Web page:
If you find yourself with a million questions about cooking your turkey and Google is too overwhelming, reach for the phone, because the Butterball Turkey Talk-Line is real and there to help you. Open to U.S. and Canadian homes every November and December, the unique hotline, which first opened in 1981, is also available to take questions through online chat and email. Plus, there are Spanish-speaking experts! Each year, more than 100,000 people reach out for help.

Photo credit: bhofack2 - Getty Images
Photo credit: bhofack2 - Getty Images

10. Each year, about 46 million turkeys are cooked.

Thanksgiving Day and turkey go hand-in-hand, so this number shouldn’t be too much of a surprise. Although not all Americans celebrate the holiday, there are still millions of families gathering around the table to eat one of the most special meals of the year—and for those who aren’t satisfied with only one day of it, Christmas is also a popular occasion to cook another turkey.

11. The turkey's tryptophan doesn't actually make you tired.

On Thanksgiving Day, you probably expect you’ll be tired after eating turkey, thanks to claims made about the amino acid tryptophan. But the holiday bird isn’t actually to blame—the reason you can’t imagine doing anything else but watching football on the couch is just because you over-ate. "After you've had a big meal your body goes into basically shutdown mode and sleep gets promoted," Dr. Daniel Barone explained to Business Insider, saying that the phenomenon is called "postprandial fatigue."

Photo credit: Carlina Teteris - Getty Images
Photo credit: Carlina Teteris - Getty Images

12. The majority of Americans secretly dislike classic Thanksgiving dishes but will eat them anyway.

A whopping 68% of Americans dislike Thanksgiving dishes like canned cranberry sauce, pumpkin pie, and even turkey itself, according to a 2019 Instacart survey of more than 2,000 U.S. adults conducted online by The Harris Poll—but they'll still eat them in honor of tradition. Times are changing, however: 30% of Thanksgiving dinner hosts have served something other than turkey as their main course (pork is the second most popular option).

13. Many people enjoy Thanksgiving leftovers more than the meal itself.

The atmosphere on Thanksgiving Day is unlike any other: the kitchen bustling with last-minute cooking, the dining table set with the best china, and a football game playing on the TV. But according to a 2015 poll by the Harris Poll, people actually enjoy leftovers more than the actual meal. So confidently eat your leftover stuffing and mashed potatoes, because you won’t be the only one doing so.

14. TV dinners are a Thanksgiving-leftover invention.

Well, sort of. In 1953, an overzealous Swanson employee overestimated the number of frozen turkeys the company should order for Thanksgiving—and the company was left with 260 tons of excess turkey after the holiday. But rather than eat the loss (financially, we mean), salesman Gerry Thomas came up with the brilliant idea to create pre-made turkey dinners served re-heatable individual trays, just like airline meals. By the end of 1954, Swanson had sold 10 million frozen turkey meals, and the TV dinner industry was born.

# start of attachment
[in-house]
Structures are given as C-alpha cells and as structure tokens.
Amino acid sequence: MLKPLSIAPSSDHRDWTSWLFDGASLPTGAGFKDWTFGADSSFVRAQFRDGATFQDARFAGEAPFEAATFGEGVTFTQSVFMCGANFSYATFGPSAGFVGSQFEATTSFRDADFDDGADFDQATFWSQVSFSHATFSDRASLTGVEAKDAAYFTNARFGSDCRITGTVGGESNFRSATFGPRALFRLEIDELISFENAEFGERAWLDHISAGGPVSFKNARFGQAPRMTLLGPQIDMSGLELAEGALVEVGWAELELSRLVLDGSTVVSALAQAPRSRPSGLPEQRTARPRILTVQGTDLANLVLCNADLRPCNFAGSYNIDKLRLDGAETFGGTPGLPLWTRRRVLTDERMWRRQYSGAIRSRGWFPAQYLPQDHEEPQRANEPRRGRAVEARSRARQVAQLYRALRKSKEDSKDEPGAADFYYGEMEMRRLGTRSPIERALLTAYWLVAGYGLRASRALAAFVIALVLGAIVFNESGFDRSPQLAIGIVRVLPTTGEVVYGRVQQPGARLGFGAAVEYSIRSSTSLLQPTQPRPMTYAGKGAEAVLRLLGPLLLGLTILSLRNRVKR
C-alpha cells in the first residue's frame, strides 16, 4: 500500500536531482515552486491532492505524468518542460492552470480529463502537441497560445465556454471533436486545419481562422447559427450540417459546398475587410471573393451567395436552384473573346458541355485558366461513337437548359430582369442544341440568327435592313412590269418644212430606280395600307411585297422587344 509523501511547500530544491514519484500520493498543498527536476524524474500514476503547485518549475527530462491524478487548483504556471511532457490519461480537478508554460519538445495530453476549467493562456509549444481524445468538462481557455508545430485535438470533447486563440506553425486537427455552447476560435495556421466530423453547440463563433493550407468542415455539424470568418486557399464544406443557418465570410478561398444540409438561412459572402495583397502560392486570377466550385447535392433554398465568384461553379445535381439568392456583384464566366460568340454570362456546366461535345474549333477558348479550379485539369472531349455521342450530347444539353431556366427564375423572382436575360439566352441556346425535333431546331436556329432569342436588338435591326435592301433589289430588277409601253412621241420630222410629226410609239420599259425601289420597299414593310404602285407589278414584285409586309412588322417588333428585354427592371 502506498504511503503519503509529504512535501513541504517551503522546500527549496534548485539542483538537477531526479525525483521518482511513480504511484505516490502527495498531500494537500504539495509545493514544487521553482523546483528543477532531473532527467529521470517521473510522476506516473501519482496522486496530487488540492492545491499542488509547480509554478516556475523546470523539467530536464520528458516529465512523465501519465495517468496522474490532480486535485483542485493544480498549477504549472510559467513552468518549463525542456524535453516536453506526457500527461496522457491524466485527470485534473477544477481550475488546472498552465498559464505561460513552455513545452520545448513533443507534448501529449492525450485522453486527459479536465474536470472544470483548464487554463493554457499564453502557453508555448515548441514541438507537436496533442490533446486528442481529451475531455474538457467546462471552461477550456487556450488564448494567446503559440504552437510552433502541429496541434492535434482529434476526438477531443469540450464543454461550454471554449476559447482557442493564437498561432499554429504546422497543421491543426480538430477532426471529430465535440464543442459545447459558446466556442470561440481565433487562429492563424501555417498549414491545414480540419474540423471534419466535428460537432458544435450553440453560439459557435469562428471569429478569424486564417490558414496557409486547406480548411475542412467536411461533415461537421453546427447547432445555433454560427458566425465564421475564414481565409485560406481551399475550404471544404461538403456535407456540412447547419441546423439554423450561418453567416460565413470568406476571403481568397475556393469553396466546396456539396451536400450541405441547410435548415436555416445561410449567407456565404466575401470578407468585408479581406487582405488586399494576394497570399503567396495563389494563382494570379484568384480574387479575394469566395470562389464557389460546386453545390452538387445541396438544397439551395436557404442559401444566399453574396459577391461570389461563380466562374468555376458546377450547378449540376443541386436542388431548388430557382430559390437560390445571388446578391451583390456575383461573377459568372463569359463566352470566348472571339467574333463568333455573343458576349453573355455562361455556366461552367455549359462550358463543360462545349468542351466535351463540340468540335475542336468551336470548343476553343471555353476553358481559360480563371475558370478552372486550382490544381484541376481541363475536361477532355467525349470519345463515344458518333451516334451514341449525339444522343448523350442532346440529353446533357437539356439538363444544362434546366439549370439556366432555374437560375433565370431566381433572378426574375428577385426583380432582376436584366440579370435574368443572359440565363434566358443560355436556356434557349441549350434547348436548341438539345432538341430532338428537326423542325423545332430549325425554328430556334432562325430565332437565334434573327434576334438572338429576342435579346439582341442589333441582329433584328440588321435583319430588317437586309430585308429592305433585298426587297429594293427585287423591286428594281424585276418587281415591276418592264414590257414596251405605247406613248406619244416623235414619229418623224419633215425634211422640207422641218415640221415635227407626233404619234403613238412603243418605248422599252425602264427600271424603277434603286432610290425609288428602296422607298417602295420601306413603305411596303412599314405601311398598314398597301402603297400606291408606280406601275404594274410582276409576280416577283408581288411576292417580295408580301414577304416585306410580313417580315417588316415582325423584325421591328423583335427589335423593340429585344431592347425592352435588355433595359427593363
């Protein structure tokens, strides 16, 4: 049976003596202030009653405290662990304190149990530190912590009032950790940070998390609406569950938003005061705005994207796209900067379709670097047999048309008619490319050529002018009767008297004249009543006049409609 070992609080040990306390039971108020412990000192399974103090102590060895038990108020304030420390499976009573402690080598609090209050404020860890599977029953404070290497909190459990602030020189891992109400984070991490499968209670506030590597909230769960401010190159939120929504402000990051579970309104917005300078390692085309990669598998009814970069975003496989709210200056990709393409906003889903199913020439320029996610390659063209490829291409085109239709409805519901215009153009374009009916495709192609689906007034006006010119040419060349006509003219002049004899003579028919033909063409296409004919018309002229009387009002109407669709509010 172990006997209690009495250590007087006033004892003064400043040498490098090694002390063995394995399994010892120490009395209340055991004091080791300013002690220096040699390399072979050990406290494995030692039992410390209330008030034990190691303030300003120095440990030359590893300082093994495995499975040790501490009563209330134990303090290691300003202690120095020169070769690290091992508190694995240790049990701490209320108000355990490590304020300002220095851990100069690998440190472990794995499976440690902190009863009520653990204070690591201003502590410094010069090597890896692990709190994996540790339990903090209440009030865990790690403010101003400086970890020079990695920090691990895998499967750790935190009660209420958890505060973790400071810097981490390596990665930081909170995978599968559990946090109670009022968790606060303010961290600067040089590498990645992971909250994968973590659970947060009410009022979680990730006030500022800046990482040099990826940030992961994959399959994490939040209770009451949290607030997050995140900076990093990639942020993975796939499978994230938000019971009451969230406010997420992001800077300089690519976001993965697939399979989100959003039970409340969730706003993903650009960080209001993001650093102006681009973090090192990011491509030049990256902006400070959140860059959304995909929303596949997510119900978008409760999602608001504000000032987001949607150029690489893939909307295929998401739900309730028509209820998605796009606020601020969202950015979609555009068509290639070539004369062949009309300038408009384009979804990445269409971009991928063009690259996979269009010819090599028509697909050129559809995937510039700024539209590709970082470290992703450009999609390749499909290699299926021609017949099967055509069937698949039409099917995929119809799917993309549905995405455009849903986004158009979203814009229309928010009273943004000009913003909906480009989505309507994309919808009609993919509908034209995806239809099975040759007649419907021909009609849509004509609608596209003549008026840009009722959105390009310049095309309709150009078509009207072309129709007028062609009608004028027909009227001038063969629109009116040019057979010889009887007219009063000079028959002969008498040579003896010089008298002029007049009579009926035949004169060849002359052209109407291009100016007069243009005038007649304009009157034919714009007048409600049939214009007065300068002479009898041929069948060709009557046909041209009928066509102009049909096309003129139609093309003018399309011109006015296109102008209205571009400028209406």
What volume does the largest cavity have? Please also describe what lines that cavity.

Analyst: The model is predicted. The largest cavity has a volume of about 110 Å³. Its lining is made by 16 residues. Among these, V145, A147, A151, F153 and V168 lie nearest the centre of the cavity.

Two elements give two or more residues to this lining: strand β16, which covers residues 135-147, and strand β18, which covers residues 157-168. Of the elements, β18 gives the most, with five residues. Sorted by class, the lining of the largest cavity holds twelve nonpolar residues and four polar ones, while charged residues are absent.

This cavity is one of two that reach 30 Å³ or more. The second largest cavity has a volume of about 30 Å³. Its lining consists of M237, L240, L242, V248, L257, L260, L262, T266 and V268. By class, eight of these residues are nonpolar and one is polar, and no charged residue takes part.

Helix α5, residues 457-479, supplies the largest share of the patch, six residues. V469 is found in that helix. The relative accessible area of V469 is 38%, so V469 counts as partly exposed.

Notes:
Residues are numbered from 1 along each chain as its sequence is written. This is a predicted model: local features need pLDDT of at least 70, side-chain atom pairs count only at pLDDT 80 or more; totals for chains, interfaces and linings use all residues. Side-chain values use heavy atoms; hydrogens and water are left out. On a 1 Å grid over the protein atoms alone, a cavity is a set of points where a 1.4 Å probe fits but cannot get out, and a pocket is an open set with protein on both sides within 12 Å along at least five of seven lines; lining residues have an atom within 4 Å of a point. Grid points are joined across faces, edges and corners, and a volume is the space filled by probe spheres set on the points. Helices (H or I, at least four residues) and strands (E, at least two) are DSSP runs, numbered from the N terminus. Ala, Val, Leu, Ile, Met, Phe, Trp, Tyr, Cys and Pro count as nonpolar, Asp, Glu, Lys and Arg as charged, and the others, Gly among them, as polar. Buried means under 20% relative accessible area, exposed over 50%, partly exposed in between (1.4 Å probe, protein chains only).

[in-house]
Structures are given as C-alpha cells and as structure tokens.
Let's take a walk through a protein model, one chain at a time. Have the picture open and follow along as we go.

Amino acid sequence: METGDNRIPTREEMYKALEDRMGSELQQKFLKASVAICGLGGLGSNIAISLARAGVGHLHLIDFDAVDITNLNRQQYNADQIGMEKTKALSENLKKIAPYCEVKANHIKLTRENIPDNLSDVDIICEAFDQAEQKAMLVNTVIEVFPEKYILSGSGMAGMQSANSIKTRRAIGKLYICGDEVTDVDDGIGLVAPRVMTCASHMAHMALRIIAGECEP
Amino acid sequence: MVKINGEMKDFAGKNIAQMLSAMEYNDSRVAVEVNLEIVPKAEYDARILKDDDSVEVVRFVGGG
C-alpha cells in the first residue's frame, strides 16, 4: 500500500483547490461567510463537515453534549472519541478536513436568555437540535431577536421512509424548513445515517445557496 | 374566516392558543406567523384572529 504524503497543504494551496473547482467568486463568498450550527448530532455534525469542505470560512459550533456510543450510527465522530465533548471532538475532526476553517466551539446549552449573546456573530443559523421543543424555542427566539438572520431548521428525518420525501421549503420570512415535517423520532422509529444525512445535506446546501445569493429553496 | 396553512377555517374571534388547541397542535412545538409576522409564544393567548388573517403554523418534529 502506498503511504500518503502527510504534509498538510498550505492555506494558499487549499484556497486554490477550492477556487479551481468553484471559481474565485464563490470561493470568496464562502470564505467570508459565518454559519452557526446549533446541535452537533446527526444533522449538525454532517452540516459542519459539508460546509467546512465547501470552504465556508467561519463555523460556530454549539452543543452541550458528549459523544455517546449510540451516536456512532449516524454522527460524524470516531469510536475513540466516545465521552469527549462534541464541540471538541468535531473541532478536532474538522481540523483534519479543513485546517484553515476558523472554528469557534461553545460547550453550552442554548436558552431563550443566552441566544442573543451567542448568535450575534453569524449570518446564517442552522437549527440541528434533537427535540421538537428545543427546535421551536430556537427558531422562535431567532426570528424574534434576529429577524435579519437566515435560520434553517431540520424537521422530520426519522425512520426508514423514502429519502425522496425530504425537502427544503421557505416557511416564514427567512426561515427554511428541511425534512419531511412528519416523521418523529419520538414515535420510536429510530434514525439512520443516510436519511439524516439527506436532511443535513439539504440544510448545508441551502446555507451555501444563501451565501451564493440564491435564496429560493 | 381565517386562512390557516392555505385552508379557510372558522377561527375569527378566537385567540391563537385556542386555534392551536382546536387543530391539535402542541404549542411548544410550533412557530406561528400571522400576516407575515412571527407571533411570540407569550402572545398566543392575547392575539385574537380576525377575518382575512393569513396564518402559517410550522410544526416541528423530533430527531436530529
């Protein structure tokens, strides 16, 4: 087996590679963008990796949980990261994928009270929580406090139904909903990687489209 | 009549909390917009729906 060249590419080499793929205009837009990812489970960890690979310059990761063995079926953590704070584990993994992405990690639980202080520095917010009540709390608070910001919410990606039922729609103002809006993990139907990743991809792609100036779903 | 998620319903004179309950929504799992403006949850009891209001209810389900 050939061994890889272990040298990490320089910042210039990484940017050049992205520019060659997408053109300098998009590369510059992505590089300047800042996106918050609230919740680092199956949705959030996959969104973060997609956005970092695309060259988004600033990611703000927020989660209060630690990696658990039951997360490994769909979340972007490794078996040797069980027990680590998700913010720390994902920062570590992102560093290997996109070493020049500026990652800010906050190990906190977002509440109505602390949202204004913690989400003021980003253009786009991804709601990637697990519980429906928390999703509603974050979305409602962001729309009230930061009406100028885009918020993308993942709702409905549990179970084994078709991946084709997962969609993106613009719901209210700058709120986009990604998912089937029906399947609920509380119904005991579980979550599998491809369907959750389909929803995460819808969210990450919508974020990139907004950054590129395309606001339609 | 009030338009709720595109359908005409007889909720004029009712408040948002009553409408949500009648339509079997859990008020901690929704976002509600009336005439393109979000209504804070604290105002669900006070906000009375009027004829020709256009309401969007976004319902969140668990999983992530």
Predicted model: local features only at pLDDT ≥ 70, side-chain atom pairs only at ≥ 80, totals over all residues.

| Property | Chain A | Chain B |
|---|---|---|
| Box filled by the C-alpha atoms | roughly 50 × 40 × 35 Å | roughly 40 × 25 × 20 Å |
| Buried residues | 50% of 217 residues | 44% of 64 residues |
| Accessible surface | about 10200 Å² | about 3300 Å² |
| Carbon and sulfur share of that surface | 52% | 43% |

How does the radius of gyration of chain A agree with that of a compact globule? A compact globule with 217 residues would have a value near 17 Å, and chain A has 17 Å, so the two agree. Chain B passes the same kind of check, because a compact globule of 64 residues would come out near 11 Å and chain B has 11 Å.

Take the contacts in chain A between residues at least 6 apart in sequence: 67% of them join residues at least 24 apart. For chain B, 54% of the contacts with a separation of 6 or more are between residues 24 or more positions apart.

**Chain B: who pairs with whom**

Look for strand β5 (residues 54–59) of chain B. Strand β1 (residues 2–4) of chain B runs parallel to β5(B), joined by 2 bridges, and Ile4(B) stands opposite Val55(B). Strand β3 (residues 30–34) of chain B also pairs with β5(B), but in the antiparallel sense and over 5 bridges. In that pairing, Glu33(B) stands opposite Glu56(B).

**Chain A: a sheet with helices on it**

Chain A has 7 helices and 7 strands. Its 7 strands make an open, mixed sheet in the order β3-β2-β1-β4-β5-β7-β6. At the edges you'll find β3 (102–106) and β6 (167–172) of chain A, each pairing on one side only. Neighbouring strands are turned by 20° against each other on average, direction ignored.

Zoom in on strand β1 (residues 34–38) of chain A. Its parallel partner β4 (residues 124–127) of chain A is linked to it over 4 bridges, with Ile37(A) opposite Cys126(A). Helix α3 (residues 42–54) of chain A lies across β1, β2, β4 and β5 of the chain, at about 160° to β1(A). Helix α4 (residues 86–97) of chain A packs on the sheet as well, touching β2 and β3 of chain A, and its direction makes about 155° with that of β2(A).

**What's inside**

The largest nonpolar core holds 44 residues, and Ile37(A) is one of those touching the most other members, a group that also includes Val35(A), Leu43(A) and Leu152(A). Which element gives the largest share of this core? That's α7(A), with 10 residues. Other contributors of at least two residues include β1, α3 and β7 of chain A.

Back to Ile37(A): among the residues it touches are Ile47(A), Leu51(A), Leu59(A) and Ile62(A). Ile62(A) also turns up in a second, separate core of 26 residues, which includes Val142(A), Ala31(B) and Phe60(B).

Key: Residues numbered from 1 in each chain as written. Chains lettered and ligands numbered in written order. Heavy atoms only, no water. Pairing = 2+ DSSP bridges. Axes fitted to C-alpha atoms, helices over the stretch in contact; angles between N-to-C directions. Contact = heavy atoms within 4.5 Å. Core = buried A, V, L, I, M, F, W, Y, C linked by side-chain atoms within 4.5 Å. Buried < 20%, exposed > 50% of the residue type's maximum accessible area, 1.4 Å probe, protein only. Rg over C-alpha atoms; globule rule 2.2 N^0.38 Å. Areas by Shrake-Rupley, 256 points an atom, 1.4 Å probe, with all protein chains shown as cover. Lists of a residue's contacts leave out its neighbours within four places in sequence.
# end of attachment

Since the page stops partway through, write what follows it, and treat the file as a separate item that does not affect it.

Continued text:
Photo credit: MANDEL NGAN - Getty Images
Photo credit: MANDEL NGAN - Getty Images

15. President George H. W. Bush was the first to pardon a turkey.

In 1989, the 41st president pardoned the first turkey—that is, assured he would never become somebody's dinner—ever after noticing the 50-pound bird looked a little antsy at his official Thanksgiving proclamation. Since then, every president has upheld the tradition and a few of the turkeys have gone on to serve a different purpose. In 2005 and 2009, the birds went to Disneyland and Disney World parks to participate in the annual Thanksgiving parades.

16. The Wednesday before Thanksgiving is known as "Drinksgiving."

The holiday season is a time of celebration, which means toasts upon toasts are made. Before the annual feast even begins, there's the night before Thanksgiving—which has come to be known as one of the booziest days of the year. It's even come to be known as “Black Wednesday” in some places. Bars aren’t the only businesses experiencing a boom this night; Uber has even offered free rides on the night over the past few years.

17. Black Friday, aka the day after Thanksgiving, is the busiest day for plumbers.

Sure, it's a big day for shoppers—but also drainage professionals. Plumbing and drainage companies don't really get the Friday after Thanksgiving off, since it's one of their busiest days of the year. (Why, you can only imagine.) In fact, the day is so busy for these services that Roto-Rooter Plumbing and Water Cleaning company actually calls it "Brown Friday."

18. The turkey bird is actually linked to the country Turkey.

If you've ever wondered which came first, the bird or the egg country, we have a definitive answer: The turkey bird got its name from the country due to a case of mistaken identity! During the Ottoman Empire, guinea fowl were exported from East Africa via Turkey to Europe, and Europeans started calling the birds turkey-cocks or turkey-hens due to the trade route. So when Europeans first sailed to North America and discovered birds that looked similar to guinea fowl, they called them "turkeys."